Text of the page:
The Salina Journal from Salina, Kansas on May 19, 1995 · Page 25
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The Salina Journal from Salina, Kansas · Page 25

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Salina, Kansas
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Friday, May 19, 1995
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Page 25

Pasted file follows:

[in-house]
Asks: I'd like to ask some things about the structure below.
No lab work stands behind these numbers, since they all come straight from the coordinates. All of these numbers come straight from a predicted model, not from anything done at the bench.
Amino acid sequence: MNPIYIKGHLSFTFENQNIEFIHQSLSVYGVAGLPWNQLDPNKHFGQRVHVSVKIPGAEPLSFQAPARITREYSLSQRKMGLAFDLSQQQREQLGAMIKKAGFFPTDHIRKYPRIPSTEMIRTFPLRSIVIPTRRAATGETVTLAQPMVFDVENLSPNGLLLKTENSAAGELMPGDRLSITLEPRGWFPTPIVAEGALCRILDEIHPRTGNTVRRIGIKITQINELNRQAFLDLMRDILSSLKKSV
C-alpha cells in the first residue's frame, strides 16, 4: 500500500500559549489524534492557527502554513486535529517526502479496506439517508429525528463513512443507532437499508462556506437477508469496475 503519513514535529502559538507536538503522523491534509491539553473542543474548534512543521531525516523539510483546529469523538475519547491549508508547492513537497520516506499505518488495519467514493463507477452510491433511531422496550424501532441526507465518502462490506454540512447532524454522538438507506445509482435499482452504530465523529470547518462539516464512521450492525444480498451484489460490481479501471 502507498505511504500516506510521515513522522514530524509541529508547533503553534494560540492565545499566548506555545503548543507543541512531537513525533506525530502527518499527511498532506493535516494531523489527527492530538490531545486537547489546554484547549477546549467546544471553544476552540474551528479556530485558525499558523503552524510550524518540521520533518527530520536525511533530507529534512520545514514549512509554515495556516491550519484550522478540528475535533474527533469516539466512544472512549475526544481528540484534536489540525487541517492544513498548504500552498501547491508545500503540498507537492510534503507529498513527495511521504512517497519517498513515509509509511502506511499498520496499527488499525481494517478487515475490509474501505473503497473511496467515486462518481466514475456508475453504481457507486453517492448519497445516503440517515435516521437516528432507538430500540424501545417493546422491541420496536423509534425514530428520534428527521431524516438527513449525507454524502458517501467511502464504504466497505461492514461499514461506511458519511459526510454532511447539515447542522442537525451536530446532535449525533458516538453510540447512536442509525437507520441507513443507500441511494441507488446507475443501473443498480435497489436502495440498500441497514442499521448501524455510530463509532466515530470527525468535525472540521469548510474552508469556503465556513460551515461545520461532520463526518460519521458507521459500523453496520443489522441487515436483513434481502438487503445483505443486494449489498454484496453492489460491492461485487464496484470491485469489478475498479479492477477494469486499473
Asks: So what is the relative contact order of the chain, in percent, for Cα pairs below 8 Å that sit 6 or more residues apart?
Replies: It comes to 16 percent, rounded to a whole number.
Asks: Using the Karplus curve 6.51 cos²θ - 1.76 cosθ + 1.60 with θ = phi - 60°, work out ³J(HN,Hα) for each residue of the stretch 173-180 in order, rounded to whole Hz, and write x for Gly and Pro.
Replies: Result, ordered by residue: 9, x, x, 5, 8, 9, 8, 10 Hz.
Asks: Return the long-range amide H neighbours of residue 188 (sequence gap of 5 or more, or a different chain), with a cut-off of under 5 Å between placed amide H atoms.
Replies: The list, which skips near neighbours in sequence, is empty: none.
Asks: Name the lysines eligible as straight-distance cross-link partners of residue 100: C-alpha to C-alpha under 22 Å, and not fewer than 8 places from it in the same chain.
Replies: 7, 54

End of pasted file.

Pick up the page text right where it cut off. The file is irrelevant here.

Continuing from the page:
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The Salina Journal Friday, May 19, 1995 D3 THE ASSOCIATED PRESS ghghghg The Real Mike Hammer 77-year-old writer Mickey Spillane returns to comic book roots By BRUCE SMITH The Associated Press M URRELLS INLET, S.C. — The warmth of an April sun clings like perfume to a cheap suit as gumshoe Mike Hammer's alter-ego, mystery writer Mickey Spillane, greets us from the wooden deck of his waterfront home. "Like my Carolina Cadillac?" he asks, pointing to a white Ford pickup truck in the carport. This day, with the mercury heading toward 90, Spillane wants to talk of his return to his comic book roots after a half century. So a photographer and I head to the 'burg where he's hung out for more than four decades. This 77-year-old writer, actor, television pitchman and one-man literary empire could live anywhere he wants — Los Angeles, New York, the south of France. But he chose a South Carolina fishing village lined with seafood eateries. He lives in a modest home with his beloved fishing boat parked on the grass in front. Hammer would go stir crazy here, but Spillane visited in the early 1950s, liked what he saw, and settled for good. Spillane, whose novels have sold more than 180 million copies, leads us into a tiny office off the porch. The carpet is blue-gray; the sunlight soft as it filters onto a cluttered desk through Venetian blinds. He explains that before Hammer and those millions of books, he created a comic book detective named Mike Danger. At the time, the early '40s, he was scribing for Batman, SubMariner and other comics. "I wanted to get away from the flying heroes and I. had the prototype cop," says the writer, who still hammers away with two fingers on a vintage gray Smith-Corona manual with dark green keys. He calls it his mistress. Danger never saw print. The Big One broke out and Spillane enlisted. When World War II was over, he came home and wrote the Hammer novels. The comic book idea was put aside for more than 50 years. Tekno-Comix will bring Danger to print next month. Danger, the prototypical '50s detective, will be transported to the 21st century, but he'll get entwined in the usual entanglements and the usual dolls. "They do a Rip Van Winkle on him," Spillane said. "I have said for a long time that Mike Hammer was based on Mike Danger." Spillane may even write some of the plots. But, like his other literary endeavors, "it all depends on whether the fish are biting or not biting." If they're not, and Spillane needs some cash, he sits at the 30-year-old Smith-Corona. He has eight of the machines — another that works and six he uses for parts. He keeps a shelf of dental tools above his desk — not to pull the truth from a suspect but to repair his typewriters. "This is music to my ears," said the writer, who disdains computers as machines "for girl typists whose pinkies are weak." For Spillane, this business of writing is simply that, a business. "I don't write for fans. I write for customers," he said. "When you're good to your customers they're good to you." EXCERPTS "I felt Carol's hand on my arm and looked over at her. There was a smile on her mouth and a lifetime in her eyes. "You're a great actor, Rich," she said. I sensed the words more than heard them." — from "TOMORROW I DIE," a short story, 1956. "They killed Squeaky Williams on the steps of the Criminal Courts Building with two beautifully placed slugs in the middle of his back and got away into traffic before anybody really knew what had happened. But I knew what happened and my guts felt all tight and dry just standing there looking at his scrawny, frozen face in the drawer of the morgue locker. One eye was still partly open and was staring at me. 'Identify him?' the attendant asked." — from "THE GOLD FEVER TAPES," a short story, 1973. Kids should love updated 'Jungle Book' • Woody Allen's 'Bullets Over Broadway' also worth seeing By MAX MCQUEEN Cox News Service R udyard Kipling wrote stories for children, such as "Kim." He also wrote for adults, such as "Gunga Din." But his most enduring tale of life in India appeals to all ages: "The Jungle Book." For inspiration, Disney's 1994 live-action remake looks more to the 1942 film than the '67 hit. As in the 1942 feature, Mowgli is played more as an adult, as per the winsome Jason Scott Lee. His main tasks are to save a long-lost love (Lena Headey) and guard a treasure-ladened temple from "bad guys." This "Jungle Book" is a family-friendly adventure that should find strong appeal among video viewers, ages 6 to 13. video corner Bullets Over Broadway "Bullets Over Broadway" is far from Woody Allen's best, its seven Oscar nominations notwithstanding. It's just that 1994 was such a weak year for well-written film roles, "Broadway's" performances stood out. However, I won't deny Dianne Wiest her Oscar for best supporting actress. In a film about the painful birth of a Broadway play, Wiest is a textbook example of how an actor can give their all to an ensemble while rising above the crowd. Wiest does that as an aging star on the comeback trail. Allen gets exemplary work from Jim Broadbent, John Cusack, Chazz Palminteri, Jennifer Tilly and Tracey Ullman. Each has their panicked moment in the spotlight as part of a theater production backed by ruthless gangsters. It's all in good fun. So much so that "Bullets Over Broadway" is the funniest film by Woody Allen since before he met Mia Farrow in the late '70s. Mrs. Parker and the Vicious Circle Also set along the Great White Way is Alan Rudolph's bio-pic of Dorothy Parker. Jennifer Jason Leigh puts the right gritty edge on this critic-turned-screenwriter who had a razor-sharp tongue and a poison pen. Parker and her gaggle of actors, painters, reporters and hangers-on are seen mainly during their glory days at the round table of the Algonquin Hotel. In and out of Parker's moody life are the likes of producer Charles MacArthur (Matthew Broderick) and Life critic Robert Benchley (Campbell Scott). Video viewers unfamiliar with Parker's inside circle will have a hard time getting into this film. Speechless Somewhere between the page and the screen, "Speechless" went wrong. To be sure, Robert King's screenplay about rival political speech- writers doesn't conjure visions of Tracy and Hepburn, but it's not bad by today's monosylabic standards. So why don't Geena Davis and Michael Keaton click as witty, ambitious and seasoned riders of the campaign trail? It comes down to chemistry. Or the lack of it between "Speechless's" stars, high roadster. But sparks never really fly between Davis and Keaton. Norman Mailer should have stayed back in the U.S.S.R. By JEFF GUINN Fort Worth Star-Telegram N orman Mailer's fascination with John F. Kennedy is well-chronicled, so it figured he someday would turn attention to the former president's alleged assassin. ' For more than 30 years, Lee Harvey Os- _ wald has held the attention of the world in much the same manner someone just bitten would fixate on a small, insignificant-looking but still deadly poisonous snake. The mistaken impulse of almost anyone picking up the lengthy (791 pages plus appendix), expensive (30 bucks) "Oswald's Tale" would bpok review be to assume Mailer brings to it the same half-truth, half-fictional approach he used with Gary Gilmore in "The Executioner's Song." That massive dive into the psyche of a mass murderer won Mailer his second Pulitzer Prize, but this entirely nonfictional examination of Oswald won't bring in a third. "Oswald's Tale" melds two entirely different books: one a fascinating, never-knew-that description of Oswald's life as an American expatriate in Russia and the other a warmed-over rehashing of Oswald's return to the United States and subsequent activities before his own murder at the hands of Jack Ruby. Had Mailer stuck to Oswald in Russia, he'd hear well-deserved praise. Mailer journeyed to Russia and lived in Minsk while on the little- documented trail of Oswald's life there. He was assisted by Larry Schiller, who with his wife did much of the interviewing of surviving Oswald acquaintances and living relatives of Marina, the young Russian woman who became one of history's more famous widows. Mailer also had access to KGB records concerning Oswald, including tapes gleaned from microphones planted in Oswald's Minsk apartment. Mailer gives us a bleak picture. Oswald was a Marxist washout from his arrival in Russia, suspected by the KGB of being an American spy and regarded with disdain instead of the hero-worship he believed he deserved. Oswald was desperate to find love with any Russian girl, but most of his relationships foundered after the novelty of dating an American wore off on the young ladies of Minsk. Enter Marina — who, Mailer's research indicates, was eager to marry after several disastrous relationships and possibly some early-life adventures in prostitution or, at least, promiscuity. Their coming together seems inevitable, as does the disharmony that soon follows. The Oswalds' troubles commence on their wedding day; Mailer's literary blundering begins after they arrive in America. We already know all the characters: bluff George De Mohren- schildt, appalling Marguerite Oswald, peace-loving Ruth Paine. Their lives and possible motives 'for doing what they did with Oswald have been examined copiously. Mailer brings nothing new to his Texas chapters and compounds this sin by quoting endlessly from other books, most notably Priscilla Johnson McMillan's "Marina and Lee." A few gratuitous slaps are taken at Fort Worth — Marina Oswald apparently didn't like it there — and Mailer tries hard to "understand" Lee Harvey Oswald, noting "it is possible that the working hypothesis" — Oswald's ability to kill Kennedy on his own — "has become more important to the author than trying to discover the truth." Mailer's summing-up is equally unoriginal. Yes, he thinks Oswald did it alone. No Mafia plot here. Mailer believes the Mafia ordered Oswald murdered by minor mobster Jack Ruby, fearing an uncle of Oswald's with tenuous mob links might cause the organization to be blamed for an assassination they applauded but did not initiate. Wait until "Oswald's Tale" comes out in paperback, probably priced near $10. The Coffee Gallery Presents Tonight "Ghost Himself" Lite Rock 7:30 -10:30 pm 2 pm 104 South 5th 913-823-5093 GOURMET COFFEE ITALIAN SODAS RETAILED ITEMS BAKED GOODS •••••••••• Jimeo Charters and Sfcarlar Tours invite you to News You Can Use i ihe Salina Journal i We Deliver Sports Scores the Salina Journal Coming this Sunday: Terms of endearment What makes a good marriage? Psychologist Judith Wallerstein's new book studies 50 happy couples to find out. Read her surprising answers and insights... in this week's USA Weekend. lhe Salina Journal USA This Q» ote , 1 For 's •Auto -Home 'Life -Health for Quality Insurance and Competitive Rates call Bonnie I NSU RANGE 823-6341 148 S. Santa Fe, Salina Bonnie J. Norton THE NEW THEATER in Overland Park, KS The Longest Running Musical Comedy Revival in Broadway History Special $45.00 p.p. FAJLL BRASS05LTQHRS Sept. 7th-10th & Oct. 23rd-27th CRIPPLE CREEK, CO June 27-28-29 CALL TODAY FOR DETAILS 800-536-2185